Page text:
Investors say the UK-EU trade deal leaves the UK facing many economic uncertainties. A stalled US COVID-19 relief bill in Congress is also keeping investors edgy.
The British pound hovered below a two-and-a-half-year high on Friday after the United Kingdom and the European Union struck a narrowly focused Brexit trade deal, while overall sentiment in currency markets was tempered by a stalled United States coronavirus economic relief package.
The UK clinched the Brexit trade deal with the EU just seven days before it exits the world’s biggest trading bloc.
Sterling last stood at $1.3549, having failed to rise above the two-and-a-half-year high of $1.3625 it hit last week. Against the euro, the pound fetched 89.80 British pence per euro, after scaling a three-week high of 89.54 on Thursday.
The British currency also hit a three-and-a-half-month high of 141.06 yen before easing to 140.22 against the Japanese currency, though trade was slow as many financial markets were shut for Christmas.
Among the few key stock markets trading on Christmas day, Japan’s Nikkei 225 Index was mostly steady, down just 0.02 percent at 26,662.34 in morning trade. The broader Topix rose 0.08 percent to 1,775.74.
While the Brexit deal will preserve the UK’s zero-tariff and zero-quota access to the bloc’s single market and avoid an economically damaging “no-deal” exit, it does not cover the nation’s much larger and influential financial sector. And Brussels has made no decision yet on whether to grant the UK access to the bloc’s financial markets.
‘Just the beginning’
“It is important to recognise this is just the beginning of a new trading relationship that can be built on,” wrote Gavin Friend, a senior market strategist at National Australia Bank in London.
“We also have to stand by for both sides to spin the deal in their respective ways designed for domestic consumption. Invariably the national press will respectively talk of ‘wins’ versus the other side.”
While the deal was a relief to market players, the bare-bones nature of the pact leaves the UK far more detached from the EU, analysts say. That suggests British assets could remain below the value of their global peers for some time yet after their plunge following the 2016 referendum that resulted in the decision to leave the bloc.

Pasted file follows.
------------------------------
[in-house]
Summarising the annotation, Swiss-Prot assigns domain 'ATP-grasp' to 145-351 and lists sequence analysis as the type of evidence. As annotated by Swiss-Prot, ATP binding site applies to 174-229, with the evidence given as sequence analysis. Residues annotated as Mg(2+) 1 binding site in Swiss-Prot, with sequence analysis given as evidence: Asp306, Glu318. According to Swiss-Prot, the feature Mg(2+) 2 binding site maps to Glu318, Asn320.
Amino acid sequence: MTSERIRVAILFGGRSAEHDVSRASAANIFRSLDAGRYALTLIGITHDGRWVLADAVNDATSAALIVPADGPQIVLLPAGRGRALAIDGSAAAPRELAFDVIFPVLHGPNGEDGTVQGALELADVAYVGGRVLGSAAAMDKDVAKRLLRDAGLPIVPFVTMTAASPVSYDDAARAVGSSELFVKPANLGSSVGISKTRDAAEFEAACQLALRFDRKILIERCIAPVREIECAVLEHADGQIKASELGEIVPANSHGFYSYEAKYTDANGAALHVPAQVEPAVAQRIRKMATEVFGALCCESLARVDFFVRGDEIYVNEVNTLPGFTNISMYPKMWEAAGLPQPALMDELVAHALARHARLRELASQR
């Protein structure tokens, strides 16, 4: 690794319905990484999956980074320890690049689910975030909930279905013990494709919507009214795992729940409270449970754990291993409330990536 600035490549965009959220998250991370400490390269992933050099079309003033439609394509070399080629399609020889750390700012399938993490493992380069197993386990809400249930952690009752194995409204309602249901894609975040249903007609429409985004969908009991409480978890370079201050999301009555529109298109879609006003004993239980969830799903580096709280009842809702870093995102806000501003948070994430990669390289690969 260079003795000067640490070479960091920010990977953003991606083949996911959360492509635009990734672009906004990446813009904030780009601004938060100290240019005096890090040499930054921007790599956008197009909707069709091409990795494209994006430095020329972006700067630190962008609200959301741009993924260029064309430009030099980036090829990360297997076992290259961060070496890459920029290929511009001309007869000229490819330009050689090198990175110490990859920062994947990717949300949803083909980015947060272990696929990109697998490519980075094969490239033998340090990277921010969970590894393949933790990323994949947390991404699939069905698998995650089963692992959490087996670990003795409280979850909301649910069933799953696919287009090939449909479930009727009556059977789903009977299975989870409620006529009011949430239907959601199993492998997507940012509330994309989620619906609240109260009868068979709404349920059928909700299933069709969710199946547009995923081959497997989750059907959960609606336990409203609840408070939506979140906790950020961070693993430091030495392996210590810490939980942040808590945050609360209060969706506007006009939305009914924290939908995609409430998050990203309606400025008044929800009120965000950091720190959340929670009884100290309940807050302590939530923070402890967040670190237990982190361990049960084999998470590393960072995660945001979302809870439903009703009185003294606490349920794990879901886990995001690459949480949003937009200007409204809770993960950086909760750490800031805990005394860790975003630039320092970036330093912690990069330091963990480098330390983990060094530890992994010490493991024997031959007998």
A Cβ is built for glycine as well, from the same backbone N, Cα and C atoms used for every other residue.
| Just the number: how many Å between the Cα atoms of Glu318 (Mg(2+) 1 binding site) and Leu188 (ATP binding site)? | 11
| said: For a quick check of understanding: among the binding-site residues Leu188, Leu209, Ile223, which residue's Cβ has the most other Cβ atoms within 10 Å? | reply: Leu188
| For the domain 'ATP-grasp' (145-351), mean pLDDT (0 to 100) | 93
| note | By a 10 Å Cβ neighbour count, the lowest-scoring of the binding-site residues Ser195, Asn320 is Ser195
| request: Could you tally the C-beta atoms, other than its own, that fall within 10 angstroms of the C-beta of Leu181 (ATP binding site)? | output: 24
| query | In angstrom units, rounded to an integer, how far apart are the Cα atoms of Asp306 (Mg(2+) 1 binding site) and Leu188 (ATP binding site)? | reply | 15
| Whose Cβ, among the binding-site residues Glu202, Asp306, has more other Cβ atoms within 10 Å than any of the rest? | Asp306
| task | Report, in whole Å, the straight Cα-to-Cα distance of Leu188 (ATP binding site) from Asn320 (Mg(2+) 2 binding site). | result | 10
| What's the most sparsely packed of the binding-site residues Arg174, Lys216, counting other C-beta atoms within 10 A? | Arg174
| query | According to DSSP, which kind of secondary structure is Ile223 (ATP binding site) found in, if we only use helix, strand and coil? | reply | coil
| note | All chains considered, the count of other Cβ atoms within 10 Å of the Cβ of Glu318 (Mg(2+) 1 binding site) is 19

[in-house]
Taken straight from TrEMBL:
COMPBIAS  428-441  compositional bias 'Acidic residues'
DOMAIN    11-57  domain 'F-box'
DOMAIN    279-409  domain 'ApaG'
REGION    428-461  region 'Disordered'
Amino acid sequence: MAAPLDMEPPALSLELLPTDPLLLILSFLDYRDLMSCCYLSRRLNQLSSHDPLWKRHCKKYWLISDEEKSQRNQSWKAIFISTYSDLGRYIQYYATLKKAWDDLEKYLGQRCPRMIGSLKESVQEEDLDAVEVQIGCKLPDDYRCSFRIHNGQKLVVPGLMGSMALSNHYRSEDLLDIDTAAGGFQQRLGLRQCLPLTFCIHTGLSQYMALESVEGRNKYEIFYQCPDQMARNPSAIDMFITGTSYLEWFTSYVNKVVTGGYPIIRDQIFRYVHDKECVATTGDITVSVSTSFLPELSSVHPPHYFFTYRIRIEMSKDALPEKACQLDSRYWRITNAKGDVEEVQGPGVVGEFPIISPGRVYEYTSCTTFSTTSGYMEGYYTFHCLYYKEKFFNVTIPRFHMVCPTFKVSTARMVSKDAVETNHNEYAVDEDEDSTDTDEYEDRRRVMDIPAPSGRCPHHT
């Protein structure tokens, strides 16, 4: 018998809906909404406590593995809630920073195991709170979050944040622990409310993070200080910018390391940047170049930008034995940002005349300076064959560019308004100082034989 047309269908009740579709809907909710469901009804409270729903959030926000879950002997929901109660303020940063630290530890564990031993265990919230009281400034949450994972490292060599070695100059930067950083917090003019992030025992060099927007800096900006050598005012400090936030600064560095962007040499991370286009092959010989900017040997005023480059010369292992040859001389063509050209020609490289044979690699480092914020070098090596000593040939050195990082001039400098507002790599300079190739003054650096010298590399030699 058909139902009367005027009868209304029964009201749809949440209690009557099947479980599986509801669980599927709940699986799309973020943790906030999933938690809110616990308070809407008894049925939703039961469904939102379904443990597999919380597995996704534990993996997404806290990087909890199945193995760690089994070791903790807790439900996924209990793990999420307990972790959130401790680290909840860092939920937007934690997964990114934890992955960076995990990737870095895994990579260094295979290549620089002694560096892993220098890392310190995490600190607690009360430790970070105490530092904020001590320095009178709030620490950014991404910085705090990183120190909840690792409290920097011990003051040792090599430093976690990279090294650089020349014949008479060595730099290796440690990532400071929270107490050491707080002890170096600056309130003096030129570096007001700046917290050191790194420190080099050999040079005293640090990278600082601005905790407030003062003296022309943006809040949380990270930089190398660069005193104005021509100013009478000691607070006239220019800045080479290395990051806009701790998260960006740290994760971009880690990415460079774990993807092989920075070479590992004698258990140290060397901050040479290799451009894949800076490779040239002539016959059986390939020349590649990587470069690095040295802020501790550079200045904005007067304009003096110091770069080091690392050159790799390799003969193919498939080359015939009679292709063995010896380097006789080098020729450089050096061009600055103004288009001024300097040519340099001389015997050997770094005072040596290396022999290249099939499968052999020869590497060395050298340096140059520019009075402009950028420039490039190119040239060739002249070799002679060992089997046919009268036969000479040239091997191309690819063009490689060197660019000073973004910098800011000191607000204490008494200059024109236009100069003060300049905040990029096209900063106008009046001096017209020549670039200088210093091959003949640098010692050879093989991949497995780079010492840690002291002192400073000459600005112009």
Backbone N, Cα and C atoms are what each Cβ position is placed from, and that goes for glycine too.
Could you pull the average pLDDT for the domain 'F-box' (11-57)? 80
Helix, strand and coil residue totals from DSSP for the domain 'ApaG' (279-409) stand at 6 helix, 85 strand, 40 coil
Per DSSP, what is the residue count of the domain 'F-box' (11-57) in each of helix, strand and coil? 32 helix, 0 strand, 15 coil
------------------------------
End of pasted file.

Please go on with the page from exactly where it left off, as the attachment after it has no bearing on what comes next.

“Now the deal is done, over time, we are going to start to see economic impact of leaving the EU. And I think that’s clearly negative for the UK economy,” said Daisuke Uno, chief strategist at Sumitomo Mitsui Bank.
“I would think the pound will slip after all things positive about a deal have already been priced in,” he added.
Also hindering the UK economy in the near-term is the growing prevalence of COVID-19 cases in England, with one in every 85 people infected in the last week as a new, more infectious strain of virus rages in the southeast of the country.
The US dollar was hemmed in a tight range as a standoff on a $2.3 trillion coronavirus in Washington continued and raised the prospect of a partial government shutdown.
Republicans and Democrats in the US House of Representatives have blocked attempts to alter the coronavirus aid and government spending package, leaving its status in doubt after President Donald Trump demanded extensive changes to the legislation.
After months of political wrangling, the US Congress on Monday overwhelmingly approved an $892bn emergency coronavirus aid bill that contains a one-time, $600 payment to individuals to help them cope with a US economy hobbled by the pandemic.
The dollar traded at 103.55 yen, down 0.2 percent on the day while the euro traded almost flat at $1.2188.
The dollar index – a measure of the value of the greenback against a basket of key global currencies – stood at 90.285, off its two-and-a-half-year low of 89.723 touched last week.
The offshore Chinese yuan was little changed at 6.5185 per dollar.
Source: Thanks AlJazeera.com